A Quick Guide to Cera Bellina & Liquid Oil Ratios

I’ve been having fun playing with a new ingredient lately—cera bellina. Cera bellina is derived from beeswax, and it does some really cool things. For starters, it makes oil gels! Think about ointments—that soft, creamy, translucent texture. Cera bellina does that! It also helps with even ingredient distribution, preventing sweating, and even preventing that irksome graininess we’ve all encountered with buttery concoctions. It can be used anywhere you’d use beeswax, albeit with different results—so even though you can, you might not want to. Anywho, I thought it was best cera bellina and I got better acquainted so I could have a good baseline understanding of how it works before I start diving into DIYing with it, which means it’s time for another one of my quick guides!

Get to know Cera Bellina


10 Recipes to Make with Cocoa Butter

I’ve been thoroughly smitten with cocoa butter ever since my first tub of it arrived. This brittle, cream-coloured butter smells like super delicious chocolate, and it is a wonderful addition in all kinds of body butters, lotions, and balms. It melts around 34°C/93°F, which is slightly below body temperature, meaning it’ll slowly melt into your skin upon contact. It melts to a fairly thin oil that absorbs quickly, leaving you smelling lick-ably delicious. If smelling like chocolate isn’t your thing you can purchase deodorized cocoa butter, which works just as well.

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Because cocoa butter is so firm at room temperature it can be used to thicken up your concoctions, though it isn’t in the same league as beeswax, candelilla wax, or carnauba wax—the significantly lower melting point of cocoa butter means you need quite a bit of it to thicken concoctions. Check out this experiment I did on cocoa butter and olive oil (pomace) combinations to see what I mean 😉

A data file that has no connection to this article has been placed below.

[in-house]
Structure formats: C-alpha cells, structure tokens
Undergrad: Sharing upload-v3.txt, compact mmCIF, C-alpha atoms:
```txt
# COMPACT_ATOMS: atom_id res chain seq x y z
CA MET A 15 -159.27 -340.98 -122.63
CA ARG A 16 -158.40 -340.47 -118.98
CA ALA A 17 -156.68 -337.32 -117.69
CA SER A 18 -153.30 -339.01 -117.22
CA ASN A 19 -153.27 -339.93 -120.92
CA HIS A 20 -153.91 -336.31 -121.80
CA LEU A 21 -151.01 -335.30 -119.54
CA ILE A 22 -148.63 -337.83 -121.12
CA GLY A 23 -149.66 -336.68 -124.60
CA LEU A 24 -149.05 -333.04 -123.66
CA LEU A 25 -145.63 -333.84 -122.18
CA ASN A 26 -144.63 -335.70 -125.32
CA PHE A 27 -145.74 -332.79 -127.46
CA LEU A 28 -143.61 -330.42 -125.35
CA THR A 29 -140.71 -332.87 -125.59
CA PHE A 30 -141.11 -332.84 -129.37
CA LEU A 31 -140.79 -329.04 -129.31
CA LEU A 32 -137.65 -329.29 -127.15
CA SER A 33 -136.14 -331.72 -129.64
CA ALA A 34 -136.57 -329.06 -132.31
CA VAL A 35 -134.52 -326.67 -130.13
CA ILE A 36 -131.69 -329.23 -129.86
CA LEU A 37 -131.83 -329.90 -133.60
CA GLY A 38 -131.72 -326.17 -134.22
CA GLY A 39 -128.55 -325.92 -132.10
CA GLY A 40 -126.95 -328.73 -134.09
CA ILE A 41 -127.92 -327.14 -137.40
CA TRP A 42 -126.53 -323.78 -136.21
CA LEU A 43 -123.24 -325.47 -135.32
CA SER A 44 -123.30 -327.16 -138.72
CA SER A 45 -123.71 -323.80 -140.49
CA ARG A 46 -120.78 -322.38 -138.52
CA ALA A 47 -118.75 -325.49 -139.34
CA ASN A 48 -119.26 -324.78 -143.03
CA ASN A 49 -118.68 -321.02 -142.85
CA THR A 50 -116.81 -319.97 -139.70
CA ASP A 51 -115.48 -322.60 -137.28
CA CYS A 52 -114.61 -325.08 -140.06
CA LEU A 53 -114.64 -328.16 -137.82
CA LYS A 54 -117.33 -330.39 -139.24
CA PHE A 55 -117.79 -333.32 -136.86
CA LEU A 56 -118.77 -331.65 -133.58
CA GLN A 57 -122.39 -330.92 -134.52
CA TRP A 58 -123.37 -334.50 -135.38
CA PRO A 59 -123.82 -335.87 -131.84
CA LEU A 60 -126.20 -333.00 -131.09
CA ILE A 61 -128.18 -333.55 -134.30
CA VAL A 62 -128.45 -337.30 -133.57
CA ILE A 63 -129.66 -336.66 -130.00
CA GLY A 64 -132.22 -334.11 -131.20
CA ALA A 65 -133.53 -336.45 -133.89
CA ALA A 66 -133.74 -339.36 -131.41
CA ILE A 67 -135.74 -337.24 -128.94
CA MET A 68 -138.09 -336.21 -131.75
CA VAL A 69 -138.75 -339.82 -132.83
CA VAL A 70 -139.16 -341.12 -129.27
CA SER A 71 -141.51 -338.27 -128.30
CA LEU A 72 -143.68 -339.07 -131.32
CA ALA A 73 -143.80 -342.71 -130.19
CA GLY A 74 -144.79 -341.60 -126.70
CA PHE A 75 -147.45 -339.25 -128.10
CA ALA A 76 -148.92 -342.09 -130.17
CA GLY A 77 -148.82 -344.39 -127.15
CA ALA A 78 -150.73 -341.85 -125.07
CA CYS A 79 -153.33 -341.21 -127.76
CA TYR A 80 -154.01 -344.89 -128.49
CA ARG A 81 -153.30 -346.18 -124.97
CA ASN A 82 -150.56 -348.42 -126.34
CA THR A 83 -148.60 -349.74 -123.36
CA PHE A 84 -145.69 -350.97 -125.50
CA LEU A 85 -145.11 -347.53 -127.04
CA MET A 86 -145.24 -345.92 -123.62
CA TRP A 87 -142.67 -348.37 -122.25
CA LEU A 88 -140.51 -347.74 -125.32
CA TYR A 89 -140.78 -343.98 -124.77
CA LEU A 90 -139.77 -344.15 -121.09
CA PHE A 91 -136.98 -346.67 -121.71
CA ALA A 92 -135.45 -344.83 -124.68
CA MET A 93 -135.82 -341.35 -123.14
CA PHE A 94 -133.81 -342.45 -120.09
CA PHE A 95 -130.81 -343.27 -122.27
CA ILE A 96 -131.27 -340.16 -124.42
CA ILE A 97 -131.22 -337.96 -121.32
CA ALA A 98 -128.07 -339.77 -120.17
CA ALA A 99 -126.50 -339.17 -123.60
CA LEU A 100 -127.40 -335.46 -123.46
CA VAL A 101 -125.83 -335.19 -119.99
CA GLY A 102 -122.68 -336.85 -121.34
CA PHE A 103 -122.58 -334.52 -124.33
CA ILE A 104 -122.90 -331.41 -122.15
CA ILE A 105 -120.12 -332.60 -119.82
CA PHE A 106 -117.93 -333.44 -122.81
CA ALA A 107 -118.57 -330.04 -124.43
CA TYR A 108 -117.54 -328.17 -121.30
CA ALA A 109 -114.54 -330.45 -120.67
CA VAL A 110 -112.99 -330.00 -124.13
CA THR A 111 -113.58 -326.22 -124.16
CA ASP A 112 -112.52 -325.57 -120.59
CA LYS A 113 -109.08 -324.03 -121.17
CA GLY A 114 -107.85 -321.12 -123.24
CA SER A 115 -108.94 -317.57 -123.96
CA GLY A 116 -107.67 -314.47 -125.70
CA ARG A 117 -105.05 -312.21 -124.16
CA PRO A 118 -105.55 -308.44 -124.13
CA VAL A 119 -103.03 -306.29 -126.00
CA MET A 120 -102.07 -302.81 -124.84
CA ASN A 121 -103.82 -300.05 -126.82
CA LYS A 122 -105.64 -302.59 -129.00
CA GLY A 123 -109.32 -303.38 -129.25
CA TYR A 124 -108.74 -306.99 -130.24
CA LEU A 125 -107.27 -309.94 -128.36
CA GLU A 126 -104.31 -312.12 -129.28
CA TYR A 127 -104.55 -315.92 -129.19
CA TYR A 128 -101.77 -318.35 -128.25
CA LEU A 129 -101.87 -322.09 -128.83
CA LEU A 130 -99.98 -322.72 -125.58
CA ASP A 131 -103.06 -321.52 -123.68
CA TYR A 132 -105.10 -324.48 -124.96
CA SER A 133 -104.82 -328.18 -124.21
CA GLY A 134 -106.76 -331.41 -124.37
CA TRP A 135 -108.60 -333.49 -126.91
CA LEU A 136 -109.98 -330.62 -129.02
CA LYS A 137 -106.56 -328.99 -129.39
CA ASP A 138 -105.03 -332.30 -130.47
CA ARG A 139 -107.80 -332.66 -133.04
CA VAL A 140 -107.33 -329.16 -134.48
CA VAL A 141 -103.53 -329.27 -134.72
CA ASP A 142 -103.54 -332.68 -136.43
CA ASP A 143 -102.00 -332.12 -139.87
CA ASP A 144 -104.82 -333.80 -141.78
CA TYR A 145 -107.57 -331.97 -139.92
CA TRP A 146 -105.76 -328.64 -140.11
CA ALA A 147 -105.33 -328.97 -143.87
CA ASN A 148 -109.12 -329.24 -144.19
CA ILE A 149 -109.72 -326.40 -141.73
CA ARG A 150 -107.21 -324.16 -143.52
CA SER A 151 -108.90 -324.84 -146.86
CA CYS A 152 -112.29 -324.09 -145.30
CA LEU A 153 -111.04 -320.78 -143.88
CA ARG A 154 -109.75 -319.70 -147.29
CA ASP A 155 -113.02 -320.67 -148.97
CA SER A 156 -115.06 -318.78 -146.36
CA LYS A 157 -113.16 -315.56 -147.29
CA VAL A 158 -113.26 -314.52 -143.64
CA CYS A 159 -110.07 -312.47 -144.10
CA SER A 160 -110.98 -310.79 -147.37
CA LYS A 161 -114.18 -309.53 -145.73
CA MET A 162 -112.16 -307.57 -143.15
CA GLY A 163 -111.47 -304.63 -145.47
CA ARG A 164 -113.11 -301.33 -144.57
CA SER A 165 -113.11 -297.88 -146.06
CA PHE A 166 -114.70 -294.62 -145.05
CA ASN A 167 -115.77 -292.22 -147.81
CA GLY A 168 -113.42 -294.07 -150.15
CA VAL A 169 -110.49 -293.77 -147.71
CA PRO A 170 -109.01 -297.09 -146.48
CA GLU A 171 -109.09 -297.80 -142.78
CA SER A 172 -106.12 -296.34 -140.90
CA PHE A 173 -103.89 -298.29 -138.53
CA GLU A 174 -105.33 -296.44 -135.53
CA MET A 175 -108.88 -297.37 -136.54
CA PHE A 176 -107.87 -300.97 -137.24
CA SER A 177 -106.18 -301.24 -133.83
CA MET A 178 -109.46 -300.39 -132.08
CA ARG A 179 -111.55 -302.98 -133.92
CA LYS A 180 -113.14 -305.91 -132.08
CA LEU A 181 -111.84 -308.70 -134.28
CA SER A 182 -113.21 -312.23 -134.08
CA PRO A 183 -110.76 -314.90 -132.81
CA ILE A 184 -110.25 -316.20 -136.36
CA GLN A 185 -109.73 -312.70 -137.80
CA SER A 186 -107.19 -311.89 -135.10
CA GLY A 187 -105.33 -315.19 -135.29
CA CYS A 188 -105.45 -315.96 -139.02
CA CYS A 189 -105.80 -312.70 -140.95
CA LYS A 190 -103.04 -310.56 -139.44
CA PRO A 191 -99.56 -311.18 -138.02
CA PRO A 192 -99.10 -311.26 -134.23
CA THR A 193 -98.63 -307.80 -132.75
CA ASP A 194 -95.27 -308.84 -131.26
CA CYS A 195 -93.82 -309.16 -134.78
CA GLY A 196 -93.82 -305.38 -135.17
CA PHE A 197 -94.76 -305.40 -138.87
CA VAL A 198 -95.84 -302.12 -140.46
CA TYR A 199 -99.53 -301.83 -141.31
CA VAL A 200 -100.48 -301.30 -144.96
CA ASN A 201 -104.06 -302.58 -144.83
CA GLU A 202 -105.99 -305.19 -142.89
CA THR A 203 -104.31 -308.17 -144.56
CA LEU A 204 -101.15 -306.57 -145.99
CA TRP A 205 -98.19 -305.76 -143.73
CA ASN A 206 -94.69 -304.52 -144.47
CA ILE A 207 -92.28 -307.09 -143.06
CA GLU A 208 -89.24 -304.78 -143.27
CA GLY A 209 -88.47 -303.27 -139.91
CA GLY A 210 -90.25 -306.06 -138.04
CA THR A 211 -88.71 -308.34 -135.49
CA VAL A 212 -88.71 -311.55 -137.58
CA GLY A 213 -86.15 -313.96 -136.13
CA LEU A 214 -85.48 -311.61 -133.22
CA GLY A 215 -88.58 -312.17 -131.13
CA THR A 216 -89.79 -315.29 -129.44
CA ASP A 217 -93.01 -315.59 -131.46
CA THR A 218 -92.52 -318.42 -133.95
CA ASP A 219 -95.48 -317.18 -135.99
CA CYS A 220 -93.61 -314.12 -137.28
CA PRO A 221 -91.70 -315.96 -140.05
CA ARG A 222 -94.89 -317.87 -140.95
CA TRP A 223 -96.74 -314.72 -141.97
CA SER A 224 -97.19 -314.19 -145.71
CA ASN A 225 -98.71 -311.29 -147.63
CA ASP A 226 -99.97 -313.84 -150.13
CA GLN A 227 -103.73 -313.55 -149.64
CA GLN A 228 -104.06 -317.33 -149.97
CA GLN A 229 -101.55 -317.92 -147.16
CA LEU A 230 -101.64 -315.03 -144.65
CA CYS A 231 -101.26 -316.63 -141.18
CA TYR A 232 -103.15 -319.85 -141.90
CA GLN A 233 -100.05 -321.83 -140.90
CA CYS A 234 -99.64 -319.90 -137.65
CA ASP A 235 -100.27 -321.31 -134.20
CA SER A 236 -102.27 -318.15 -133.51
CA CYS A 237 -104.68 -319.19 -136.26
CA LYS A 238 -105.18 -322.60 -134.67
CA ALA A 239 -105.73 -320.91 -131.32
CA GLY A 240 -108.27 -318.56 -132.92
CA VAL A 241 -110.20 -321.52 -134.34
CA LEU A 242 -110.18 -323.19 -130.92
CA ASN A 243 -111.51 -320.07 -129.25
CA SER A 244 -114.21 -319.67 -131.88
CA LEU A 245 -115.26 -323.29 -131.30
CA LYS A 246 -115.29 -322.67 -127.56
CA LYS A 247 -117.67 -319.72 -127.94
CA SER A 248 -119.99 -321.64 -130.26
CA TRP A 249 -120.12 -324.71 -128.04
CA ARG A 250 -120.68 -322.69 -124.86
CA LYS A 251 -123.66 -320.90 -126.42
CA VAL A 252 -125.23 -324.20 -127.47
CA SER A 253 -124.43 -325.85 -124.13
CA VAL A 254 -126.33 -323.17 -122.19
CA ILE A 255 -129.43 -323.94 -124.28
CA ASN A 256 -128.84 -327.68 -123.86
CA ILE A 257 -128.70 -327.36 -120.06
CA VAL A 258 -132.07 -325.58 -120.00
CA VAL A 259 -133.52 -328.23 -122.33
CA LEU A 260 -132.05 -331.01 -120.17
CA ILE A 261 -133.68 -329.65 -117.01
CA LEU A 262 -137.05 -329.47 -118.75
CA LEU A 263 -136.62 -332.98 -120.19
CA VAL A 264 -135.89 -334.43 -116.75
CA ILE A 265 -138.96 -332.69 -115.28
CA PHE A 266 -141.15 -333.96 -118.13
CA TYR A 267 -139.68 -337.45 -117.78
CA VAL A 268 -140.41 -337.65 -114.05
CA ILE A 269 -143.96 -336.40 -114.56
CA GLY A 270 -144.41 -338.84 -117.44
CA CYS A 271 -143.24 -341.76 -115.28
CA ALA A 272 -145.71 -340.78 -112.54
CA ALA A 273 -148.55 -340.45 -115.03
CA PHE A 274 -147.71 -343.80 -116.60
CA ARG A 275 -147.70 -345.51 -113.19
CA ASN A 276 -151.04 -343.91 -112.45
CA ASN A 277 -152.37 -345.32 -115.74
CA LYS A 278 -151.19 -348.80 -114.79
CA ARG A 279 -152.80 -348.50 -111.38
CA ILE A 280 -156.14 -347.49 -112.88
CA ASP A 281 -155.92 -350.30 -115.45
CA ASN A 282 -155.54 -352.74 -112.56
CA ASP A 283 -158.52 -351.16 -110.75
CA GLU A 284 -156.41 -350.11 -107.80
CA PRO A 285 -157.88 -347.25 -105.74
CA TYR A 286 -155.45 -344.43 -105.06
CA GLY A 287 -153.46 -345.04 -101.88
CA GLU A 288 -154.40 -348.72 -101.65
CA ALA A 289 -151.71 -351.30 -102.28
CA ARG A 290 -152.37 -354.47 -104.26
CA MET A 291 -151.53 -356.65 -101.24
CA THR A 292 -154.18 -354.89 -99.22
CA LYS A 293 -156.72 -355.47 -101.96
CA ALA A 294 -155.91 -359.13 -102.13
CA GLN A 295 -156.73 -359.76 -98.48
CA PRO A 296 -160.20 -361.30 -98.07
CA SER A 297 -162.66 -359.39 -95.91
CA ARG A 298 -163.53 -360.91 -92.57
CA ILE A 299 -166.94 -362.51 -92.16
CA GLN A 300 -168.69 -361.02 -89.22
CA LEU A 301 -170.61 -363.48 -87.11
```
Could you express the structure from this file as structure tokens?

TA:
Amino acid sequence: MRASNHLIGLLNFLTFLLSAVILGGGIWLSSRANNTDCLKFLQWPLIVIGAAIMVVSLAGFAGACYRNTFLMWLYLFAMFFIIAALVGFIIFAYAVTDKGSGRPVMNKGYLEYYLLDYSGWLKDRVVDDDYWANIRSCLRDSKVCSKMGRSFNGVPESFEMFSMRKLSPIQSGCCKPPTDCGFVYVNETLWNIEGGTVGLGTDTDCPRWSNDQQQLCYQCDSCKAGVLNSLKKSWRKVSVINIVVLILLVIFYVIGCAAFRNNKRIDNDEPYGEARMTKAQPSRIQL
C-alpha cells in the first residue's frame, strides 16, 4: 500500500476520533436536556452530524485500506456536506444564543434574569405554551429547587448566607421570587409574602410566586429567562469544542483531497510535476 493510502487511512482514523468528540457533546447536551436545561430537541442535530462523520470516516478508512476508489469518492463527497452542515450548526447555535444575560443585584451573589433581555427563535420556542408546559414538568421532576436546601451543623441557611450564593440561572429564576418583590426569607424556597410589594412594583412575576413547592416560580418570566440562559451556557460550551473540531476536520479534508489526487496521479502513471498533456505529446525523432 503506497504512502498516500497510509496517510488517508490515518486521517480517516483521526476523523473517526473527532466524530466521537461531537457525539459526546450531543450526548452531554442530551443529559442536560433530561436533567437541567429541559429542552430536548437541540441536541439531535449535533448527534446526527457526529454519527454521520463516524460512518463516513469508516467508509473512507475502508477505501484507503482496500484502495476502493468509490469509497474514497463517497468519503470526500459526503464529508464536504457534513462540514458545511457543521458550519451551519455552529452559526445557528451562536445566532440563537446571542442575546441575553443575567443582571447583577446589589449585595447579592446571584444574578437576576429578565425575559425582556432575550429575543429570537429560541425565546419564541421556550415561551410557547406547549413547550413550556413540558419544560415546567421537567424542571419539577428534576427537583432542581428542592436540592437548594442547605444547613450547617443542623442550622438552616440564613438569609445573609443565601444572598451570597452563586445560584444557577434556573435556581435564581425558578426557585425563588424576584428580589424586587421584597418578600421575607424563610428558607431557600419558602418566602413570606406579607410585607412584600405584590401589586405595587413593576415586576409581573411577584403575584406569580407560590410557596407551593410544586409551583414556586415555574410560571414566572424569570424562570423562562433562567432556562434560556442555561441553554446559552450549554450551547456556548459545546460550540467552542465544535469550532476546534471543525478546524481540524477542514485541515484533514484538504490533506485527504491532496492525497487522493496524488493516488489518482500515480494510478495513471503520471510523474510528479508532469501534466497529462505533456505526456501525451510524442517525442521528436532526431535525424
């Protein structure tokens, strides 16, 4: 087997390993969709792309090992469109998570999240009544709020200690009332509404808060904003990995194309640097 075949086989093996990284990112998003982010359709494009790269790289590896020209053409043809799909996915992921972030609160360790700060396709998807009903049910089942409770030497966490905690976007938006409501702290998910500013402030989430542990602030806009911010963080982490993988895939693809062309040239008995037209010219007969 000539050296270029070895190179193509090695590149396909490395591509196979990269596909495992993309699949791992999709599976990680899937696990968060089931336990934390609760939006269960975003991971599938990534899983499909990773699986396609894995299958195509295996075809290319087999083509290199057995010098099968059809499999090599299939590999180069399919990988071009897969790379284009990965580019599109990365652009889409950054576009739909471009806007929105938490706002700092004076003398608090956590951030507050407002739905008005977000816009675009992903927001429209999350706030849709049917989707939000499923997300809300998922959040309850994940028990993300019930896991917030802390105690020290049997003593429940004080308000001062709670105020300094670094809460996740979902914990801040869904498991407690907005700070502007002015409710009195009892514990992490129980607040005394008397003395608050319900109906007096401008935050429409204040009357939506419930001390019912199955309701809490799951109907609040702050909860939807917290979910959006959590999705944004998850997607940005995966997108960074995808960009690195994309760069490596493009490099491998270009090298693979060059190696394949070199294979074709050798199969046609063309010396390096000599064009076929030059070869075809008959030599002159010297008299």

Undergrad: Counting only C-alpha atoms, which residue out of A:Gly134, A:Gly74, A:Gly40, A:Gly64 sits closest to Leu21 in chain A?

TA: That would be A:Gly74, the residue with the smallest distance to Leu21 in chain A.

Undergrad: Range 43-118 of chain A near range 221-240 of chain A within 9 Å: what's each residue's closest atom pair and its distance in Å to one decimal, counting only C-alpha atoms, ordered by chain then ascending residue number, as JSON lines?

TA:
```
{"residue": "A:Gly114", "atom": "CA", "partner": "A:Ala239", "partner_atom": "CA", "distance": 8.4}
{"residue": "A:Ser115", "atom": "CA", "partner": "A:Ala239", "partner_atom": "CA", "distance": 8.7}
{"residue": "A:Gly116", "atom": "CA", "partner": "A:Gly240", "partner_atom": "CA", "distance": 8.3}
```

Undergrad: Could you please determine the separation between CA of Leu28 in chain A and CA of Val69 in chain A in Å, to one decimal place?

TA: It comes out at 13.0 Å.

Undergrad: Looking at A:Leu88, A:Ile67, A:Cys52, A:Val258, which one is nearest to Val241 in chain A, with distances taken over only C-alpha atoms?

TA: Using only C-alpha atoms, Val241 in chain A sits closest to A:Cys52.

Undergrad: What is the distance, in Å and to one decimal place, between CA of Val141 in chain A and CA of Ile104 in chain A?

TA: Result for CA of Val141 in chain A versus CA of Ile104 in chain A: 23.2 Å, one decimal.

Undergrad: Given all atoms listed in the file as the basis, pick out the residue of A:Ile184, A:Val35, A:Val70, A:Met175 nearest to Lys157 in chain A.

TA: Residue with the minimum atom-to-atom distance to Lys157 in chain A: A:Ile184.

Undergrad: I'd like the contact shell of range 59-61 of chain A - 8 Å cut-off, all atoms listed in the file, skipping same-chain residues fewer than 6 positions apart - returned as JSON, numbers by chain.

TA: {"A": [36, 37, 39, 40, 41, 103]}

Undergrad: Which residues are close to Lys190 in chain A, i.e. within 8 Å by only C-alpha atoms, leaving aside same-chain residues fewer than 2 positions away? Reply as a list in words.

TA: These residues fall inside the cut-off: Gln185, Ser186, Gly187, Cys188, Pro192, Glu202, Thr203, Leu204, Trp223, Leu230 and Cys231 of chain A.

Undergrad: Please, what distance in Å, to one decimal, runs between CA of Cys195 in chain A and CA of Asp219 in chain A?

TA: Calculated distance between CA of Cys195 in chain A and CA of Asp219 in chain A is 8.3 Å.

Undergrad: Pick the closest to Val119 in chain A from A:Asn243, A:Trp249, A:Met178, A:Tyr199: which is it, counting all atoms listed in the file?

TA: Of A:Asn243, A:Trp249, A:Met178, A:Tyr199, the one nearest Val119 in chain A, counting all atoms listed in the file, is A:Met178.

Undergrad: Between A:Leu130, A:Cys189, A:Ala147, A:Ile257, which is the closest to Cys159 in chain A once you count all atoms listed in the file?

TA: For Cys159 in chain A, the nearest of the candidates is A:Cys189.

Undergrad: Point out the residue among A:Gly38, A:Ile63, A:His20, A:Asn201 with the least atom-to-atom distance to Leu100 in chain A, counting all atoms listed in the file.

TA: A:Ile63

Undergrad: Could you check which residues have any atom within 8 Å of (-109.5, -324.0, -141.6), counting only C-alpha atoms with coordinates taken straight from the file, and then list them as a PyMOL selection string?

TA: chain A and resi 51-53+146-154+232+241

A Guide to Making Substitutions in DIY Recipes

I get asked about substitutions, additions, and swaps a lot—hence this guide to making substitutions. I’ve already got guides on carrier oil substitutions and essential oil substitutions, so this article is going to be a bit more scattered. I’ll look at some starter questions you should ask yourself before changing anything, some swaps I’m often asked about that aren’t good ideas, and some that are. Let’s get started!

A Guide to Making Substitutions in DIY Recipes

So, you want to swap one ingredient for the other…


The Clay Experiments: The Heavy Clays

Today I’m continuing my series of clay experiments with a category I’m calling the “heavy” clays—rhassoul and bentonite. These are the two heaviest”miscellaneous” clays I have, so I figured I’d pair them for this part of my investigation.


Here are the questions I intend to answer about these clays: (more…)

The Clay Experiments: The French Clays

I love my clays, and it’s about time I got to know them a bit better. My oil and wax experiments have been invaluable to me and many readers, so I thought I’d take that approach and to my clay collection. Today we’re starting with the French Clays I own: green and red.

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Here are the questions I intend to answer about these clays: (more…)

My Favourite Oils for the Face

The first natural beauty habit I adopted was putting oil on my face. Back in 2010 Meredith talked me into it with her glowing recommendation of argan oil and the gift of a small bottle of the awesome stuff. I questioned her about all the things we think we know about putting oil on our faces—didn’t her face turn into an oil slick? Didn’t she suffer from horrendous acne? She excitedly told me that none of these things had happened, and that her skin was wonderfully happy, and so I tried it. And I loved it. And I’ve been putting oil on my face ever since. Here are some of my favourites.



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